AAR Annual Meeting
November 18-21, 2017
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This Unit promotes new constructive work in Christian systematic theology that is in dialogue with the historical Christian theological traditions on the one hand and with all aspects of the contemporary context on the other — intellectual movements, methodologies, multiple theological and religious perspectives, and ethical/social/political contexts.
The Christian Systematic Theology Unit invites proposals for individual papers or complete panels related to our theme of Tradition(s). We invite proposals to consider the role and dynamics of tradition in theological authority, disputes over establishing tradition, and consideration/reconsideration of the nature of continuity with tradition. In recognition of the 500th anniversary of the Reformation, we are especially interested in proposals relating to Reformation, and counter-Reformation/Catholic Reform. However, papers should be constructive or synthetic rather than merely historical or analytical in nature. We especially invite proposals related to the following subthemes:
• Scripture and Tradition
• Protestants and Catholic conversations on authority
• Tradition and traditions
• The nature of the practice of "handing on"
• Written and oral Torah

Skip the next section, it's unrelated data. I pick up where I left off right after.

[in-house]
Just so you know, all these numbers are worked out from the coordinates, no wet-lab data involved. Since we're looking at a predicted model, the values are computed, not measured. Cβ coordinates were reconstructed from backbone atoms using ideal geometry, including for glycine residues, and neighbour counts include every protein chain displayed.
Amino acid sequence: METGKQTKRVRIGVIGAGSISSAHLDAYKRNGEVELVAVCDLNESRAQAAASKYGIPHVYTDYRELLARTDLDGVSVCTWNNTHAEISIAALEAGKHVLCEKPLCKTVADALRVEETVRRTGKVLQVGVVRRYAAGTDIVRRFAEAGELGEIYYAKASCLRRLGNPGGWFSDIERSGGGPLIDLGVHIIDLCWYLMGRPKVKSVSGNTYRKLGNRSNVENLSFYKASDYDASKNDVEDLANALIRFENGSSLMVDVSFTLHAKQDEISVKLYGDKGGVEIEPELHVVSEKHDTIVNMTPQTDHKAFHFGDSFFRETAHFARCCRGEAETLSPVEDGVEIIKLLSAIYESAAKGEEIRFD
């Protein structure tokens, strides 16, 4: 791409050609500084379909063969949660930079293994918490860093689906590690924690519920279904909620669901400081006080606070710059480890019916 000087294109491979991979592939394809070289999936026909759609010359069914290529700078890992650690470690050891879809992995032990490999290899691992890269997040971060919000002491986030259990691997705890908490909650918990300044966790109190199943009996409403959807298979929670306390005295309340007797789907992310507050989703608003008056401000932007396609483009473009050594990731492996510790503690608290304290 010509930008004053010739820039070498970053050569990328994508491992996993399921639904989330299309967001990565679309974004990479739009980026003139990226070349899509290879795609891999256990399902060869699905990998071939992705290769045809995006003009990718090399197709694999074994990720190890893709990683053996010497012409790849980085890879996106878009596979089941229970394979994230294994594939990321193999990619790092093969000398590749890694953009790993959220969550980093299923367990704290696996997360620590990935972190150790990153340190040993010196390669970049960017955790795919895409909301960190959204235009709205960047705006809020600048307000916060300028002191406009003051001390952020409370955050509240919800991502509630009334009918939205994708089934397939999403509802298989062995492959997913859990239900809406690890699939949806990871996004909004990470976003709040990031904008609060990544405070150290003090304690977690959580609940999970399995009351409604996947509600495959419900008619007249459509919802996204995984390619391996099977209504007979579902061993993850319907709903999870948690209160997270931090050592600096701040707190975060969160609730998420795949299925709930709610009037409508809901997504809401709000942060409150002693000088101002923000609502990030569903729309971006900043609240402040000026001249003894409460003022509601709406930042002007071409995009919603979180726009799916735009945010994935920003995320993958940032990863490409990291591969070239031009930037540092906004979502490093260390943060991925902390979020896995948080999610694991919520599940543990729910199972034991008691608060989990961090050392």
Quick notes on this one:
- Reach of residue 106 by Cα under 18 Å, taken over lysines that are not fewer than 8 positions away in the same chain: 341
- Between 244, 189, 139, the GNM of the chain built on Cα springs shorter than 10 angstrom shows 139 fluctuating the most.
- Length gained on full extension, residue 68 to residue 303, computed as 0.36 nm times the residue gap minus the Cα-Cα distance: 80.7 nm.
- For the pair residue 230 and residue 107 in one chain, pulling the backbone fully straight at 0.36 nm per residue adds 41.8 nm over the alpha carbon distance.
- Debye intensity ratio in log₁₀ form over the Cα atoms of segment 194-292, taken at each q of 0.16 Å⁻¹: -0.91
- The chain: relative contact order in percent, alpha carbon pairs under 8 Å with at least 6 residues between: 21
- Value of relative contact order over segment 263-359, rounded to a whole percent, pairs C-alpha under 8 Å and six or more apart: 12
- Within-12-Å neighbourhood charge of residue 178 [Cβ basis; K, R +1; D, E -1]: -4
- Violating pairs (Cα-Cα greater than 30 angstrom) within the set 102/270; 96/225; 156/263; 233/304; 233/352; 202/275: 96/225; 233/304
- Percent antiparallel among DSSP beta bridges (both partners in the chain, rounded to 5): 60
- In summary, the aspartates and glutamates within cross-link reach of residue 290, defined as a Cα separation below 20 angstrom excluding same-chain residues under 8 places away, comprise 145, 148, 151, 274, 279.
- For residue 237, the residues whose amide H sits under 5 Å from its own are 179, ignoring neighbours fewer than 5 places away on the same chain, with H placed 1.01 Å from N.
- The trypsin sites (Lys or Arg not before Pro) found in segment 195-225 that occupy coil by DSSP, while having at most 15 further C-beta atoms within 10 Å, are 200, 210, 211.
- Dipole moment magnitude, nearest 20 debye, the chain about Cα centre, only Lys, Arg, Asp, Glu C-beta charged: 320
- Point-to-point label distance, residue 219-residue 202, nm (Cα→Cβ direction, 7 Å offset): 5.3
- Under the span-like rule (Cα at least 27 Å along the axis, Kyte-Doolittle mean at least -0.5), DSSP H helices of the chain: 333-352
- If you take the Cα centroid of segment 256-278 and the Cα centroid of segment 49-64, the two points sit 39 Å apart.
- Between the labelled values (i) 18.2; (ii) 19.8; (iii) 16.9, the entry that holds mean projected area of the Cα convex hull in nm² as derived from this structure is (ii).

• Appeals to tradition
• Continuity and discontinuity with received tradition, and the related question of the development of doctrine
• The relationship of doctrinal and cultural traditions
Additionally, to mark the recent publication of the first ever English-language critical edition of Friedrich Schleiermacher’s Christian Faith (Louisville: Westminster John Knox Press, 2016), the Schleiermacher Unit and the Christian Systematic Theology Unit invite paper proposals for a co-sponsored session on Schleiermacher’s theology. We welcome proposals for analytical or constructive (but not strictly historical) papers that treat Schleiermacher’s work in Christian Faith. Potential themes include, but are not limited to: the relationship between piety and doctrine, questions of tradition and authority, and the classical loci of systematic theology. We especially welcome proposals that explore what Schleiermacher’s substantive arguments in Christian Faith could contribute to contemporary conversations in theology.